BERLIN (Reuters) - Growth in Germany, Europe’s largest economy, slowed in the third quarter as firms unnerved by the euro zone crisis postponed investments and lost export markets, preliminary data is expected to show this week.
The country for a long time fended off the region’s troubles as private consumption remained robust and healthy demand beyond the euro zone negated the effects of weaker European appetite.
But recent data has painted a gloomy picture, showing that even Europe’s growth engine is now suffering a setback.
While German gross domestic product (GDP) expanded by 0.5 percent in the first quarter, it slowed to 0.3 percent in the second and economists polled by Reuters see growth weakening further to 0.2 percent in the July-September period.
The Economy Ministry said on Friday GDP probably increased slightly in the third quarter. But it also warned that growth would probably slow in the fourth quarter of this year and the first of 2013.
The euro zone crisis is prompting Germany’s shared-currency trading partners to cut back on purchases.
“At the moment we are going through a period of slowdown and weakness. This will continue for a couple of months yet before the economy regains a bit of momentum again around springtime,” said Thilo Heidrich at Postbank.
Signs of economic weakness could impact Chancellor Angela Merkel’s chances of re-election next year, especially if recent increases in joblessness continue, and could also make it harder for her to justify more aid for struggling euro zone states.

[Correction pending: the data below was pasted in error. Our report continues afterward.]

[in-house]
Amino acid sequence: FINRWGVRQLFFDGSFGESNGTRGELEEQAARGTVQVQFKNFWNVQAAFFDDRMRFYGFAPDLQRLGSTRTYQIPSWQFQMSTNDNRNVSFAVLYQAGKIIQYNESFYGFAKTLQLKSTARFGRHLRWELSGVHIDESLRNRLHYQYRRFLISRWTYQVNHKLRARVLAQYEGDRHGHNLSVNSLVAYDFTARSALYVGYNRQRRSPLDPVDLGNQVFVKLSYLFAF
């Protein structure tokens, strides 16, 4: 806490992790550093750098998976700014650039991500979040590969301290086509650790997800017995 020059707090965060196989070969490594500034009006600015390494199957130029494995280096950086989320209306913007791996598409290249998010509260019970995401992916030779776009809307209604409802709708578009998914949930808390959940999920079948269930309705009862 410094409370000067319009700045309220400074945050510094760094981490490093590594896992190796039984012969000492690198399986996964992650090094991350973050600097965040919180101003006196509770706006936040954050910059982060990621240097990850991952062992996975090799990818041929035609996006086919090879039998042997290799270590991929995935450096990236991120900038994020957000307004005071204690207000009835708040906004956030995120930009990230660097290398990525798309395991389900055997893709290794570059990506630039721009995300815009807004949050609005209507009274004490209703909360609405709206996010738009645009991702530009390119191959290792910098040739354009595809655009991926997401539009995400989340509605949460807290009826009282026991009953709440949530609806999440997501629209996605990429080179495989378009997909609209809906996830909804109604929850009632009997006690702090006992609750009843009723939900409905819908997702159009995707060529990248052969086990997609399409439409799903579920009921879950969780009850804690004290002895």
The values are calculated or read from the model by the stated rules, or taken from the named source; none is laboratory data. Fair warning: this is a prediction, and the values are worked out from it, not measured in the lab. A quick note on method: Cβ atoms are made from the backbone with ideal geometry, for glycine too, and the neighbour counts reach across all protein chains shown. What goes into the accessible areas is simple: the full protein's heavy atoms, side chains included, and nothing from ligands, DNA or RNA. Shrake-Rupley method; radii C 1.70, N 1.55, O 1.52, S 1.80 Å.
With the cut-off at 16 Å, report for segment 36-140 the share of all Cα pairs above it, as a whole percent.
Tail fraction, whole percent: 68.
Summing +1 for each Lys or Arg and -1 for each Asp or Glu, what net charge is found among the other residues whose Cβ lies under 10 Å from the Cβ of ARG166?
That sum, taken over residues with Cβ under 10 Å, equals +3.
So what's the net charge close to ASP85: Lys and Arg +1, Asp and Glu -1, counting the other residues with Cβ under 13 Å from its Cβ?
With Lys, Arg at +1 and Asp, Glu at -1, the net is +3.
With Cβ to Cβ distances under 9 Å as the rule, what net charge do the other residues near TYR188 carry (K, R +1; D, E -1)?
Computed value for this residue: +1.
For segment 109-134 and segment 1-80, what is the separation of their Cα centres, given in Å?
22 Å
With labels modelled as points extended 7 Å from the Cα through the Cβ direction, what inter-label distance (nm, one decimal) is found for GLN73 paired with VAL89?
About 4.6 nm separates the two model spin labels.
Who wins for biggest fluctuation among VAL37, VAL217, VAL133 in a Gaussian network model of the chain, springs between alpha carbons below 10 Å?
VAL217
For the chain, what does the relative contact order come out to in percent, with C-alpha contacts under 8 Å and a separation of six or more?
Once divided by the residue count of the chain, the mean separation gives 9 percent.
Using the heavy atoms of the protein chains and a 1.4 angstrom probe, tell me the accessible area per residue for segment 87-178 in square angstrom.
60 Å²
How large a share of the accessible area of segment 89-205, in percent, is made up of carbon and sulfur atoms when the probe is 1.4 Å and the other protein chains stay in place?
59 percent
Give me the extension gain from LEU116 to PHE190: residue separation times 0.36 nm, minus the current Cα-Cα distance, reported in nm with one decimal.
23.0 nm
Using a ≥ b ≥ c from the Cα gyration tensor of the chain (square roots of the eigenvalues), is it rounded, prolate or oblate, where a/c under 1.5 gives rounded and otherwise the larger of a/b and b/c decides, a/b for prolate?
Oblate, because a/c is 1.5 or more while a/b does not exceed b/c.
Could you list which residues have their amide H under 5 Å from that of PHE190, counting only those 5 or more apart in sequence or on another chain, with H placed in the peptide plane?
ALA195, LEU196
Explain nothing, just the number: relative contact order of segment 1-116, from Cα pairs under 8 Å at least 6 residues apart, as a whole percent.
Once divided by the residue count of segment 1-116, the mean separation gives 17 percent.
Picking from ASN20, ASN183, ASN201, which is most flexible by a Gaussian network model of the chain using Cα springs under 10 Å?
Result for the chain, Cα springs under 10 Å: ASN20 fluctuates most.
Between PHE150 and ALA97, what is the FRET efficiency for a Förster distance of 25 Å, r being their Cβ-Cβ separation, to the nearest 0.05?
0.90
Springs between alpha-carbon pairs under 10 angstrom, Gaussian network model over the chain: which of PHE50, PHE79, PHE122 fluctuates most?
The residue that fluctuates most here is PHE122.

But Germany is expected to fare well compared with the euro zone as a whole, which is seen contracting by 0.2 percent in the third quarter.
Optimism about prospects for Germany, long considered the euro zone’s last bastion of growth, is however waning, with the government last month cutting its 2013 growth forecast to 1 percent from 1.6 percent and saying it saw growth of 0.8 percent this year.
Last week, economic advisers to the government, traditionally known as the “wise men”, predicted growth of 0.8 percent this year and next.
Recent data has shown output dropping, the private sector contracting, joblessness rising, business sentiment plummeting and exports sliding at their fastest pace since late last year as demand among Germany’s euro zone trading partners weakens.
There are dark clouds on the horizon too given that industrial orders fell by some 3.3 percent in September, a particular concern as manufacturing accounts for a third of GDP.
“German industry took a bit of a nosedive at the end of the third quarter and that will probably continue into the fourth quarter, so for Germany there’s a pretty sharp fall to come,” said Jennifer McKeown at Capital Economics.
Many economists expect German GDP to contract in the fourth quarter for the first time since the end of 2011, though healthy consumer appetite and a robust jobs market should help Germany to avoid a recession, defined as two quarters of contraction.
In a more positive sign, data from the ZEW think tank due on Tuesday is expected to show German analyst and investor sentiment improved for a third straight month in November.
Economic sentiment will rise to -9.8 in November from -11.5 the previous month, according to the mid-range forecast in a Reuters poll of 38 economists.
Reporting by Michelle Martin. Editing by Jeremy Gaunt.